Lecture: ‘Sit like an apple’: painting people as if they were things
30 November 2017, 19:00
Ondaatje Wing Theatre
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Boy in a Red Waistcoat, 1888-90 by Paul Cézanne.
National Gallery of Art, Washington. Collection of Mr. and Mrs. Paul Mellon, in Honor of the 50th Anniversary of the National Gallery of Art, 1995.47.5
Cézanne said that the apples in his still lives were ‘gentlemen’ who liked having ‘their portraits painted’, and they sometimes appear quite animated, as if they were little people. Conversely, it has been argued that the faces in his portraits lack human character and expression, and look more like inert things. Drawing on theories of perception Professor Paul Smith, University of Warwick, examines these claims, and attempts to explain why Cézanne painted portraits, and apples, in the peculiar way he did.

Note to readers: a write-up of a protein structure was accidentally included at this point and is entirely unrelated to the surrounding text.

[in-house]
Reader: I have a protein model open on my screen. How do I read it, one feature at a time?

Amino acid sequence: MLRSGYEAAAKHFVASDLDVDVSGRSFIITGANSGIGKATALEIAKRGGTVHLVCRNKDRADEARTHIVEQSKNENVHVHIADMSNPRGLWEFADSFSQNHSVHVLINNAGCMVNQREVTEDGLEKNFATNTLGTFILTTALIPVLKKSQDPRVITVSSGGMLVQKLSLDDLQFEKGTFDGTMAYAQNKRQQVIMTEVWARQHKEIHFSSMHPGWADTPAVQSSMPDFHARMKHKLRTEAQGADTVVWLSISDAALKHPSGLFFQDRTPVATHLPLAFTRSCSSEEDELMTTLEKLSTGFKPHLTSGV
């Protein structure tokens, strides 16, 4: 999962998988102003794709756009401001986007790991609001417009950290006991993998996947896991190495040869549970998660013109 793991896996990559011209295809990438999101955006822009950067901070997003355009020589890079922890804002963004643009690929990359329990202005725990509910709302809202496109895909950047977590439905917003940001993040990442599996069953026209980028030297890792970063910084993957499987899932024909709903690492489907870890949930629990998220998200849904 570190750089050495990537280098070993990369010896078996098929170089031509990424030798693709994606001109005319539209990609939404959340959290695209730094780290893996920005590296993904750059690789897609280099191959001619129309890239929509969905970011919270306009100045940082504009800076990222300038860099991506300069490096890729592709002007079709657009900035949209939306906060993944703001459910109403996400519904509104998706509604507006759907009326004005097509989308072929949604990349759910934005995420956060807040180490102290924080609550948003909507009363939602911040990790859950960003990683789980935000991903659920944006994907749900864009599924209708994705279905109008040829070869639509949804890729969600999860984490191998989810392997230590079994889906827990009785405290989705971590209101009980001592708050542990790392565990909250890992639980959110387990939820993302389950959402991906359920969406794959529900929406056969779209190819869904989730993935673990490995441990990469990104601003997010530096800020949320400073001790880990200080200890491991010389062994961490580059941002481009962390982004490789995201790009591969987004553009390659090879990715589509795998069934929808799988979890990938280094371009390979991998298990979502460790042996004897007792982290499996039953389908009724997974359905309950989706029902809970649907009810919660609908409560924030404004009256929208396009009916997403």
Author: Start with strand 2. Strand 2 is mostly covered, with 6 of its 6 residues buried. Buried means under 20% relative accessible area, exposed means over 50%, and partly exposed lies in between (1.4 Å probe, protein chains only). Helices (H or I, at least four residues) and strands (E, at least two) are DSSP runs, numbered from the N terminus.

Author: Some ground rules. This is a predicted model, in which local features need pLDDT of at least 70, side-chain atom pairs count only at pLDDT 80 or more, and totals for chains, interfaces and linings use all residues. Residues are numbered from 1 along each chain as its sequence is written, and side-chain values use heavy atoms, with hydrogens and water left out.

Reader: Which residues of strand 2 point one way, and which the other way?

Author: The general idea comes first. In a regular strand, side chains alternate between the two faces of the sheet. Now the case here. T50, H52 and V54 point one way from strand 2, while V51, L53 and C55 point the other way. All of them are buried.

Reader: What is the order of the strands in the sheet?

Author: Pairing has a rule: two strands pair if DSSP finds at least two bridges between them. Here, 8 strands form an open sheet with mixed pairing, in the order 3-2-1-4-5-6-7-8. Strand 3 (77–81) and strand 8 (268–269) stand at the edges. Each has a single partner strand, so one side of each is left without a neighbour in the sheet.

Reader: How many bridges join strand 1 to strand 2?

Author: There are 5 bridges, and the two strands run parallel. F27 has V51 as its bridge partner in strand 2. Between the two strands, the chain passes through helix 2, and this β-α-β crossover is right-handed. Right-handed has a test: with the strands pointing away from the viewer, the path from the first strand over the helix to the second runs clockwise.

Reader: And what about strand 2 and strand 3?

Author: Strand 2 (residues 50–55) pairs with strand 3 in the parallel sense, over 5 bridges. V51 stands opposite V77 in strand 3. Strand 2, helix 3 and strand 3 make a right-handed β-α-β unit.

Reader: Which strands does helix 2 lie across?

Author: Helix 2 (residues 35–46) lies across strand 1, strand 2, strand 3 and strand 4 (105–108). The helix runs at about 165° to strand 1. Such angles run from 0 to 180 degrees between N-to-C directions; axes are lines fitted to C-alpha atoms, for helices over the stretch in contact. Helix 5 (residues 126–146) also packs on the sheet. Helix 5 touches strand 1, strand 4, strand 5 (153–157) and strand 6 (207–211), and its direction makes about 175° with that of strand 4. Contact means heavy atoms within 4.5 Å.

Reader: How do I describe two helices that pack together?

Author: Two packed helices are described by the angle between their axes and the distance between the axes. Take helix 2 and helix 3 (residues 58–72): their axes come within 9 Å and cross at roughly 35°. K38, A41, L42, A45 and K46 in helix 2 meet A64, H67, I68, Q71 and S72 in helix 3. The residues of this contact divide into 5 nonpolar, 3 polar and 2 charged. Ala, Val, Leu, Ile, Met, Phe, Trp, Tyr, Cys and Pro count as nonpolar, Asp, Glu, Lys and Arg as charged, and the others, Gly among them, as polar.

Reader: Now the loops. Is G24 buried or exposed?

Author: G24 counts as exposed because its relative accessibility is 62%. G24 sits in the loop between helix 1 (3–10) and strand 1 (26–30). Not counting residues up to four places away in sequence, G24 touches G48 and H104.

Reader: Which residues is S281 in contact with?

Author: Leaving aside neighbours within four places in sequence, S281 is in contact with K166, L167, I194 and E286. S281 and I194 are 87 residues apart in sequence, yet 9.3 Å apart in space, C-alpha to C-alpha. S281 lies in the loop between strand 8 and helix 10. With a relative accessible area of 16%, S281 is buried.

Professor Paul Smith has taught in the History of Art department at Warwick since 2005. He has also been a visiting professor at the University of California, Berkeley, a visiting scholar and a scholar at the Getty Research Institute. Paul studied for his PhD at the Courtauld Institute of Art under the supervision of Robert Ratcliffe, the eminent but obscure Cézanne scholar. Before that, he took his undergraduate degree at University College London, where he was taught aesthetics by the philosopher, Richard Wollheim. Both have had a lasting influence on his research.Paul works mostly on later nineteenth-century French painting, and the theories that help explain it. He is also interested in the literature of the period, particularly recherché novels about art.